HDG Blog: Giving Back During COVID-19
June 1, 2020
As part of our focus as architects to design and build strong communities, each year since 2016 HDG has taken the opportunity to showcase our profession and use our team’s skills to help keep important local landmarks and architectural icons maintained. Our Annual Adopt-a-Landmark day of service typically takes place in May, as it coincides with the national Register of Historic Places’ Preservation Month, a month-long celebration of historic places for the purpose of instilling national and community pride and the benefits of historic preservation. Our past Adopt-a-Landmark programs have included volunteering at historical landmarks through the Pittsburgh region, including Fallingwater in 2016 (one of the most recognized architectural landmarks in the world), Woodville Plantation in 2017, the Andrew Carnegie Free Library & Music Hall in Carnegie in 2018, and most recently, in 2019 we volunteered at the architecturally significant Emmanuel Episcopal Church on Pittsburgh’s North Side, a National Historic Landmark. During this company-wide day of volunteering, we have provided services such as weeding, mulching, edging, gardening, building fences, leveling planting beds and gravel parking lots, resetting railroad ties, cleaning, and helping with a mosaic mural.
With the on-going COVID-19 pandemic, we were sad to have to put our company’s plans for our 2020 Adopt-a-Landmark program on hold, but that doesn’t mean that we haven’t been able to give back to others during this time. Below are just a couple of ways our people are finding ways to give back:
Kelsey Thomas, Architectural Designer at HDG, volunteers throughout the year at the Rosedale Food Pantry, which operates out of the Rosedale United Methodist Church in Verona. Kelsey has continued her commitment to serve the local Penn Hills community especially during this time, when the need has become even greater. Typically, the Penn Hills food pantry serves 175 to 200 families per week, but with increased demand due to the effects of COVID-19, they have been serving approximately 300 families!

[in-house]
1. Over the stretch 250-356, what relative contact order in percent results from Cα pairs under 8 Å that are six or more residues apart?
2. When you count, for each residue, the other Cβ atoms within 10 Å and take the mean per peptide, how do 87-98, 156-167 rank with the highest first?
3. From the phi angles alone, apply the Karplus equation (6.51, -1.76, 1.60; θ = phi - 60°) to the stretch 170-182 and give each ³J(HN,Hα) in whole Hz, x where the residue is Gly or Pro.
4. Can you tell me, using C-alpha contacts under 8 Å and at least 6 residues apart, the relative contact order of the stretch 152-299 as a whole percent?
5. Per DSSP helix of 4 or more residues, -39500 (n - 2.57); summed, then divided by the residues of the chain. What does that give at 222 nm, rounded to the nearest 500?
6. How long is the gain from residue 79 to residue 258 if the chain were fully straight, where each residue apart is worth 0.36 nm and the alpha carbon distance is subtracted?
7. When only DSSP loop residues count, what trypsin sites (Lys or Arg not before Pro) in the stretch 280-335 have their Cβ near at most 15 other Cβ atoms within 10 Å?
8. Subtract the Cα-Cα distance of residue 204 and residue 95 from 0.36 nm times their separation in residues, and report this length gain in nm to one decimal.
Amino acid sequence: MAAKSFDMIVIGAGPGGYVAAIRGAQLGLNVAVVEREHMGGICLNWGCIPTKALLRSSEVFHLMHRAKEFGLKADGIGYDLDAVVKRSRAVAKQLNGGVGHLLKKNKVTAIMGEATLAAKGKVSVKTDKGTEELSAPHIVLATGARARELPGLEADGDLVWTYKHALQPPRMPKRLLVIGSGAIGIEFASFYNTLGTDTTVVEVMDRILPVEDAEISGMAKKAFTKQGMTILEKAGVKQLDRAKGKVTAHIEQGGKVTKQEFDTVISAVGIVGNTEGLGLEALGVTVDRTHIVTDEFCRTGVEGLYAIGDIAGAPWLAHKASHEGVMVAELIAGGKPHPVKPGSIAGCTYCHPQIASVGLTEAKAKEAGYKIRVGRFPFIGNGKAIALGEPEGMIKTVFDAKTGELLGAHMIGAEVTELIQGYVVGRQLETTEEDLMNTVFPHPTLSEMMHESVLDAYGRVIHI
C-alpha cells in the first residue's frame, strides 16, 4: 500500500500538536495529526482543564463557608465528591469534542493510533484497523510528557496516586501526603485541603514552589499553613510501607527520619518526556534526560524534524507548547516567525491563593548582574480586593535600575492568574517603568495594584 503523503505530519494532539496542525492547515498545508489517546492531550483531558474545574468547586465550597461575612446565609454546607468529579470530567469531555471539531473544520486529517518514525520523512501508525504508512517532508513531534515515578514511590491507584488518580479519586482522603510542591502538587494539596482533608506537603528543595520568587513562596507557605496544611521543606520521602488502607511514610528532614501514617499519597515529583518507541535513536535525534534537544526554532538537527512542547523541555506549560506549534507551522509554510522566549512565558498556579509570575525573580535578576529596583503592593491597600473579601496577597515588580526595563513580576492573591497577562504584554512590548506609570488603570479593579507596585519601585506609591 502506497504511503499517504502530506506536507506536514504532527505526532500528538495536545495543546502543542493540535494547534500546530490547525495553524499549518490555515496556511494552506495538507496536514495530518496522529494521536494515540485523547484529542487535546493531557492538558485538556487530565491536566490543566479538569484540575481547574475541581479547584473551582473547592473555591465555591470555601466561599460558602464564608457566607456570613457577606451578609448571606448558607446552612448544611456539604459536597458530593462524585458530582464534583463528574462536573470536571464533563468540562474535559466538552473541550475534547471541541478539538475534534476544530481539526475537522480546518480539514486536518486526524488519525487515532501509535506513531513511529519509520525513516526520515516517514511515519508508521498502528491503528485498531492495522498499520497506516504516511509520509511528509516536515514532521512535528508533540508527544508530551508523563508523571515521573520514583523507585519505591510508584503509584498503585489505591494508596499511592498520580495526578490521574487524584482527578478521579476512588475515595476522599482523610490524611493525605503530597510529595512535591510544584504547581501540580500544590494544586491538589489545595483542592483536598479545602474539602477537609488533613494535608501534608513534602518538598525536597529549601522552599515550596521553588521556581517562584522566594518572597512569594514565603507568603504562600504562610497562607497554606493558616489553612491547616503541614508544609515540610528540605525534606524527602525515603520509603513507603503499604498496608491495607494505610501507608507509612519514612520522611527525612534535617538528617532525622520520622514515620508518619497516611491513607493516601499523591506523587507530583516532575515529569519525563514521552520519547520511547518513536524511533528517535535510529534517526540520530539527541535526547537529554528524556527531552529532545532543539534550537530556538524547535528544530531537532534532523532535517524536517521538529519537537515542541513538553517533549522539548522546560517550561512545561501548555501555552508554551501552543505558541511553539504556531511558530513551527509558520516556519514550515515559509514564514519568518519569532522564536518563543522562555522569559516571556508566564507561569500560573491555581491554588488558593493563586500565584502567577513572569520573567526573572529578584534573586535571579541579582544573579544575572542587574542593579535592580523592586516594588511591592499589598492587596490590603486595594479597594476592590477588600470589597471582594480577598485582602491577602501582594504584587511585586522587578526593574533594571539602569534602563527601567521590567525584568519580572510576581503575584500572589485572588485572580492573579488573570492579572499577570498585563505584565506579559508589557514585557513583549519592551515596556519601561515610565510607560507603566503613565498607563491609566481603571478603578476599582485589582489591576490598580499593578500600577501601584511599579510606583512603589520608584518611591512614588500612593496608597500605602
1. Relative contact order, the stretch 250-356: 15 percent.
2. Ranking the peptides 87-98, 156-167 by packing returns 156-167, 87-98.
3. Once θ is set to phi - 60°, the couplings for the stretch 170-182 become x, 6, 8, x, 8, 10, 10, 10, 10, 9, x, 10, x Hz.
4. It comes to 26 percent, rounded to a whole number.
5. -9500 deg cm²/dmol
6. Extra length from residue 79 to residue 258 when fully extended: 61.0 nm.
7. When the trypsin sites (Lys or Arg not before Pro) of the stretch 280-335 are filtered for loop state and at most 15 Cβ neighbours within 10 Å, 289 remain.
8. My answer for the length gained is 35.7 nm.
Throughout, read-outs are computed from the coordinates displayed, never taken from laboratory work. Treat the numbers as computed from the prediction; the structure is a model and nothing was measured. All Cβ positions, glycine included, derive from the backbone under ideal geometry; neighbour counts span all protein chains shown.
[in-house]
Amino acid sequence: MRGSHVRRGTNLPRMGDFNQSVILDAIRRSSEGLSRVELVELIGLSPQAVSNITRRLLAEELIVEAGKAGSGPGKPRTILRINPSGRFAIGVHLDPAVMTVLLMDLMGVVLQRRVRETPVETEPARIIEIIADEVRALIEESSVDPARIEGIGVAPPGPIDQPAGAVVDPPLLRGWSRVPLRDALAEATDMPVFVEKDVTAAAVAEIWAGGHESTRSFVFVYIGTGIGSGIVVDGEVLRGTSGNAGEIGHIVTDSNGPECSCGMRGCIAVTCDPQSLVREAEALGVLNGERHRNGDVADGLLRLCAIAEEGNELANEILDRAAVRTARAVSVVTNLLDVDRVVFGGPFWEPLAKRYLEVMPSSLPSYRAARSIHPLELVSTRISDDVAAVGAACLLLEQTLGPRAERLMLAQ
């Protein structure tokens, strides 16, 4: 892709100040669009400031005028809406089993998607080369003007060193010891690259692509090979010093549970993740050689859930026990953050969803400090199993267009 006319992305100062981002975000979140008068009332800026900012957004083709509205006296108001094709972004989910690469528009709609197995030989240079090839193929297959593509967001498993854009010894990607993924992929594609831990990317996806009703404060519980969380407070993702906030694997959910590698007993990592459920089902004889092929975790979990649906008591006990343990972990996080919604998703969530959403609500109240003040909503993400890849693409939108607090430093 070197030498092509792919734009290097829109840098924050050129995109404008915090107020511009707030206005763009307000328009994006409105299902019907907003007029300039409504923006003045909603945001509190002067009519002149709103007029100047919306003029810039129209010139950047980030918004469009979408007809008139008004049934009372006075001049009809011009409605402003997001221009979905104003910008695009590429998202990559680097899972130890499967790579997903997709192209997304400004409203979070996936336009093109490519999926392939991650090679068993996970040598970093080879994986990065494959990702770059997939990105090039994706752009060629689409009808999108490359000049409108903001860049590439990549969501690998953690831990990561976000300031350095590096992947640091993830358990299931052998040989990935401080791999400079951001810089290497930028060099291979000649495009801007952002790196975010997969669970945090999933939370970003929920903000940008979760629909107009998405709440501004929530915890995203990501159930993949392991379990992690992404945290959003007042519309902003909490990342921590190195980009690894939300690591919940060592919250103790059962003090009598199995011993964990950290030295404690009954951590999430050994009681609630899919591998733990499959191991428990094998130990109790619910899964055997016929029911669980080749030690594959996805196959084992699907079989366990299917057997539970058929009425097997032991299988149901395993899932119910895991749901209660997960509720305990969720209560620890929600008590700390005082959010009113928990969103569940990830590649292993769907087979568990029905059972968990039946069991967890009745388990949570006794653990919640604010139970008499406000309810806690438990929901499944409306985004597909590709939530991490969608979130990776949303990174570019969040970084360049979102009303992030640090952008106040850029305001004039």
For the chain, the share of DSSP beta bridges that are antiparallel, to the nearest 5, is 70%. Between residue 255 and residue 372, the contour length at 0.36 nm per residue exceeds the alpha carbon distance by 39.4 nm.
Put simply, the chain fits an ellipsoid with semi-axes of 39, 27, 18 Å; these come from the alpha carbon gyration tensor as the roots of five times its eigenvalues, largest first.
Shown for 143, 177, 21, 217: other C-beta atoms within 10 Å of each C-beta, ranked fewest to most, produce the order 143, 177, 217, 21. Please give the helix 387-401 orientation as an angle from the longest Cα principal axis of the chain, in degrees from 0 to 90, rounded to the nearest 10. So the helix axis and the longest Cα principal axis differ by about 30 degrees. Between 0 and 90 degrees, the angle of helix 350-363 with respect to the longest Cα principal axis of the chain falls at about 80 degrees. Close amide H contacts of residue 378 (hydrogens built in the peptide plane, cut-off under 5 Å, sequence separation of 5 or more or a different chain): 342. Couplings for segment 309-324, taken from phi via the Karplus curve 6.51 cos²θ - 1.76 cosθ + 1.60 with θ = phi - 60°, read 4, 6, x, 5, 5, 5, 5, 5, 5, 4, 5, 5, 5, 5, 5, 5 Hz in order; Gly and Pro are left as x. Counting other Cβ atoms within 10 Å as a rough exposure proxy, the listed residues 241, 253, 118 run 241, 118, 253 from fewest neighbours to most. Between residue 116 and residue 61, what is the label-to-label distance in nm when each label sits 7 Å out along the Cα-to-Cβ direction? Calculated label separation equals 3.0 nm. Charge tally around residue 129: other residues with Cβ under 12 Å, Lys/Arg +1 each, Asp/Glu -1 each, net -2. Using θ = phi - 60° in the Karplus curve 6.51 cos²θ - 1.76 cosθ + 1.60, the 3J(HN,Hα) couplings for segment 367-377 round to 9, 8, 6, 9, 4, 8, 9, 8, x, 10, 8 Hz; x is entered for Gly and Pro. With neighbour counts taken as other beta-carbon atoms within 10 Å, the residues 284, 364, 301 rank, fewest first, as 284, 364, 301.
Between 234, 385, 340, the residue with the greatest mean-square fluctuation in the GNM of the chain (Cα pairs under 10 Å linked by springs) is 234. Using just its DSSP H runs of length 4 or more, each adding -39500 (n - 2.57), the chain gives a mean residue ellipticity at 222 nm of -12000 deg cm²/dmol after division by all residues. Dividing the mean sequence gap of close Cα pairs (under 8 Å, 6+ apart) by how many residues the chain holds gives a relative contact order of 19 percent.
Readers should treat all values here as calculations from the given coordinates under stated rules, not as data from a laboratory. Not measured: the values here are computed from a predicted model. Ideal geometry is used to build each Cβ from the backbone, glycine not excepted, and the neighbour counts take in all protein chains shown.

“I was concerned when I heard about the amount of new families we were getting due to the pandemic,” said Kelsey. “But, we have accrued some new volunteers during this time and have been able to help even more families. While it is not the best of circumstances, I believe it has been a great opportunity to meet some new people and see how strong our community can be.”
For those interested in volunteering at the Rosedale Food Pantry, call 412-302-2509. To donate, make checks out to “Rosedale Food Pantry” to 448 Geisler Drive, Pittsburgh 15221.
Tim Reidy, Project Architect at HDG, put any extra time he had while working from home over the past two months during COVID-19 into designing, building, and installing a free little library for use by his local community. Tim put his architecture skills to good use by creating the design, then printing scale drawings for some of the kids in his neighborhood to “kid-source” and provide their ideas for the final design. Tim even offered to share his drawings with others who’d like to build one, and these could be used not only to share books, but possibly food or other items for those in need. For other architects or those interested in the DIY details, the “library” was made out of a single sheet of 3/4″ exterior-grade plywood and a treated 4×4 post. It’s made with traditional joinery (except the 3′ post) with a touch of architectural detailing so the books will stay dry during inclement weather.
During this time, COVID-19 is creating new needs, while putting enormous financial pressure on many nonprofits. The economic uncertainty caused by the pandemic may cause many donors to limit donations. Many nonprofits are also having to cancel many of their usual fundraising events and other programming out of concern for public safety, putting them in an even more difficult position. Also, due to health and safety considerations, many regular volunteers, particularly those who are at higher risk, may need to restrict their usual commitments, leaving organizations who depend on these volunteers shorthanded while needs continue to rise.
What you can do:
Reach out to local charities and ask how you can best support them with your time, keeping safety in mind. If you are in a financial position to do so, please consider making a donation to directly help combat the effects of the COVID-19 pandemic and help those in need. Giving back, even in small ways, can make a world of difference right now.